Justice In Arms

Fitzpatrick, 'War Crimes Trials, “Victor's Justice” and Australian Military Justice in the Aftermath of the Second World War' in Heller and Simpson (eds), The Hidden Histories of War Crimes Trials (forthcoming).

Justice In Arms

Justice in Arms brings to life a fascinating and important element of Australia’s legal history — the role of Army legal officers in Australia and in expeditionary operations from the Boer War until 2000. This is a comprehensive and absorbing history which describes the dynamic interaction of institutional and political imperatives and the personalities who managed this interaction over the decades. It is populated by colourful characters and legal luminaries and demonstrates that military justice is rightly concerned with discipline and cohesiveness. Reflecting broader societal norms, it is also concerned with the rule of law and respect for the rights, liberties and fair treatment of those who serve in the armed forces. Justice in Arms describes the extraordinary contribution of Army legal officers to both the profession of arms and the development of the law, charting the evolving personal and structural relationships between Army legal officers and command dictated by the changing legal needs of the Army and the broader Australian Defence Force. Today Army legal officers apply, adapt and shape the law to meet evolving needs in peacetime and during armed conflict and peace operations, ensuring the legitimacy of military action and the maintenance of domestic and international support for national objectives.

Australia s War Crimes Trials 1945 51

As Sir William Webb, Australia's war crimes commissioner and, later, President of the IMTFE, observed in June 1945, ... in Kevin Jon Heller and Gerry Simpson (eds), The Hidden Histories of War Crimes Trials (Oxford University Press, ...

Australia s War Crimes Trials 1945 51

This unique volume provides a detailed analysis of Australia’s 300 war crimes trials of principally Japanese accused conducted in the immediate aftermath of the Second World War.

Philosophy of Nonviolence

Gordon, “The Trial of Peter Von Hagenbach: Reconciling History, Historiography, and International Criminal Law,” in Kevin Heller and Gerry Simpson eds., The Hidden Histories of War Crimes Trials, Oxford: Oxford University Press 2013, ...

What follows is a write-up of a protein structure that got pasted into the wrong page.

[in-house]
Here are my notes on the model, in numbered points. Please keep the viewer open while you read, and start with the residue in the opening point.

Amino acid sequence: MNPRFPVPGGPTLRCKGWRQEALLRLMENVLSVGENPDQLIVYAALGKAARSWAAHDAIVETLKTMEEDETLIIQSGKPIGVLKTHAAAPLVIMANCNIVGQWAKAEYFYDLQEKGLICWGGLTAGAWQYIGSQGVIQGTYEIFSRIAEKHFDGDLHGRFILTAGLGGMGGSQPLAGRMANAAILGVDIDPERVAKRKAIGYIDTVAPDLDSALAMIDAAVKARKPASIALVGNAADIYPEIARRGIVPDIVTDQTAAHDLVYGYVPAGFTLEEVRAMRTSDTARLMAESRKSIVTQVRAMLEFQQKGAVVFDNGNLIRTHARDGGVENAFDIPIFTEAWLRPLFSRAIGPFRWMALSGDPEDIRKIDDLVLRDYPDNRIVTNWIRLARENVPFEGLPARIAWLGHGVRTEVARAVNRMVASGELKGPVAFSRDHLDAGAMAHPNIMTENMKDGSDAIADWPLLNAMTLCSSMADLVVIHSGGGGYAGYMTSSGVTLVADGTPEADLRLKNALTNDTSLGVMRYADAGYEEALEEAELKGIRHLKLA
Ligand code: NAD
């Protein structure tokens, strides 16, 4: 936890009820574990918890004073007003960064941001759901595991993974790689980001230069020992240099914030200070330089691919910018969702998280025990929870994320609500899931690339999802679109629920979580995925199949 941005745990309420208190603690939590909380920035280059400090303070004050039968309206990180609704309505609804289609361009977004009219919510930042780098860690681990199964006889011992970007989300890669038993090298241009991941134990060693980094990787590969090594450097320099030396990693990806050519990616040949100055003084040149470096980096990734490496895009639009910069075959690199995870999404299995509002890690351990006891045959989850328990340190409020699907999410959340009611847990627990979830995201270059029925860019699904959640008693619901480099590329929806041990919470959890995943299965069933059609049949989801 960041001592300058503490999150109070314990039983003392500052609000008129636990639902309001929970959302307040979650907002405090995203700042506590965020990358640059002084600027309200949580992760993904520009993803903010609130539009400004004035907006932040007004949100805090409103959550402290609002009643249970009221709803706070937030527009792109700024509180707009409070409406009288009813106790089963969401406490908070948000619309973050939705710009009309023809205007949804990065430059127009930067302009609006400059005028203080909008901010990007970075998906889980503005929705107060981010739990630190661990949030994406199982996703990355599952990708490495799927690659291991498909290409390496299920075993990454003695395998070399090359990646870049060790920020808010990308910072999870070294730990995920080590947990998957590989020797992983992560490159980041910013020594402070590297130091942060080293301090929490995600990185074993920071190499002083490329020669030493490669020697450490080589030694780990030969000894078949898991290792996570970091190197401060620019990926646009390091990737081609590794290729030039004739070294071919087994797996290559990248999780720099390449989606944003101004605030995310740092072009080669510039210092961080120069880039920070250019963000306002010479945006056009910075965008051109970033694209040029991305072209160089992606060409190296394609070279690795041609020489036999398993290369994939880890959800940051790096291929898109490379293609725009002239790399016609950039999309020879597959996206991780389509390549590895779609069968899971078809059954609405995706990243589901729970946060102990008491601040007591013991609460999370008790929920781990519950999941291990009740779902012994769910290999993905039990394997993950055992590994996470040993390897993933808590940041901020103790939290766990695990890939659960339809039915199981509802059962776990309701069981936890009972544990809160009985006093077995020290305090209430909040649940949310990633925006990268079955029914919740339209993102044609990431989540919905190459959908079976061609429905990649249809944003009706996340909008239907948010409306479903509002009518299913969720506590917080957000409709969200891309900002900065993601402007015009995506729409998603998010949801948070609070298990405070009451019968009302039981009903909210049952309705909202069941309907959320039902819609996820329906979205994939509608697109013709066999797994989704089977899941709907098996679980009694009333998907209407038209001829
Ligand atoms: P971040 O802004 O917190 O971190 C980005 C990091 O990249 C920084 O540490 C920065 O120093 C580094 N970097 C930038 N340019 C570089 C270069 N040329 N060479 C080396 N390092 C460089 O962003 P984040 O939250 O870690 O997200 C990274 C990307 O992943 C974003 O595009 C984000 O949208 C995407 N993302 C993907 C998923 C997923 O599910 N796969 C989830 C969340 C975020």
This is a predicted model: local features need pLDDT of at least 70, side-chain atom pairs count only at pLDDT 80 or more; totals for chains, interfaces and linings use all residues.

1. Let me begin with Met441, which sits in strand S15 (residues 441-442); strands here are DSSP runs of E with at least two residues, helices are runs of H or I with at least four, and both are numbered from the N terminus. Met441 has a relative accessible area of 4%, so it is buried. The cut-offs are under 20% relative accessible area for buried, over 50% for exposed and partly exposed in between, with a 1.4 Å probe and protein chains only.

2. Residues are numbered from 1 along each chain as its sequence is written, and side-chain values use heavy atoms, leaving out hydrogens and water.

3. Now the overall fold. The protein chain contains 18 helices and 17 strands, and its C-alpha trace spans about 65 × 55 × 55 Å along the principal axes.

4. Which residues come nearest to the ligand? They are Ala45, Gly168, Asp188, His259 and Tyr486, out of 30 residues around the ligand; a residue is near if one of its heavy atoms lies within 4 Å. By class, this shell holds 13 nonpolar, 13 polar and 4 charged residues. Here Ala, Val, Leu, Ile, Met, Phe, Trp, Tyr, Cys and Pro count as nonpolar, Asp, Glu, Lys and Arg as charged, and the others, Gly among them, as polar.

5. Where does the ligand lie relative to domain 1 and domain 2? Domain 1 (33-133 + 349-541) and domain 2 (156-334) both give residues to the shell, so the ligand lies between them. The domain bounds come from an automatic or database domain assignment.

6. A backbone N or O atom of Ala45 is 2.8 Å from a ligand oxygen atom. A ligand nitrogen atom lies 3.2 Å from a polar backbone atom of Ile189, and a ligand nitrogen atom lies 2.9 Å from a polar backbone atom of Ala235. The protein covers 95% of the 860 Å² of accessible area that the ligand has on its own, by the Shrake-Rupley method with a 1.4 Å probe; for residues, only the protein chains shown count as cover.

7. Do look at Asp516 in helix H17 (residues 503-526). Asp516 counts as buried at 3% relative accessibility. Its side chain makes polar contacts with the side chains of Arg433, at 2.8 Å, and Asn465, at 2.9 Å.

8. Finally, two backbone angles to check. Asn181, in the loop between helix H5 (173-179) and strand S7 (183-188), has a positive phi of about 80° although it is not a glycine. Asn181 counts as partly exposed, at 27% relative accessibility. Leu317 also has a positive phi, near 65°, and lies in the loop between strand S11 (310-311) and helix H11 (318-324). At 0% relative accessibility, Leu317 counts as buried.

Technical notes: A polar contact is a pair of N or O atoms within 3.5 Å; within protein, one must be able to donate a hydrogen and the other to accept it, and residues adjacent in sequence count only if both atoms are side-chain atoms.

Philosophy of Nonviolence

In 2011, the Middle East saw more people peacefully protesting long entrenched dictatorships than at any time in its history. The dictators of Tunisia, Egypt, and Yemen were deposed in a matter of weeks by nonviolent marches. Imprecisely described as 'the Arab Spring', the revolution has been convulsing the whole region ever since. Beyond an uneven course in different countries, Philosophy of Nonviolence examines how 2011 may have ushered in a fundamental break in world history. The break, the book argues, is animated by nonviolence as the new spirit of the philosophy of history. Philosophy of Nonviolence maps out a system articulating nonviolence in the revolution, the rule of constitutional law it yearns for, and the demand for accountability that inspired the revolution in the first place. Part One--Revolution, provides modern context to the generational revolt, probes the depth of Middle Eastern-Islamic humanism, and addresses the paradox posed by nonviolence to the 'perpetual peace' ideal. Part Two--Constitutionalism, explores the reconfiguration of legal norms and power structures, mechanisms of institutional change and constitution-making processes in pursuit of the nonviolent anima. Part Three--Justice, covers the broadening concept of dictatorship as crime against humanity, an essential part of the philosophy of nonviolence. It follows its frustrated emergence in the French revolution, its development in the Middle East since 1860 through the trials of Arab dictators, the pyramid of accountability post-dictatorship, and the scope of foreign intervention in nonviolent revolutions. Throughout the text, Professor Mallat maintains thoroughly abstract and philosophical arguments, while substantiating those arguments in historical context enriched by a close participation in the ongoing Middle East revolution.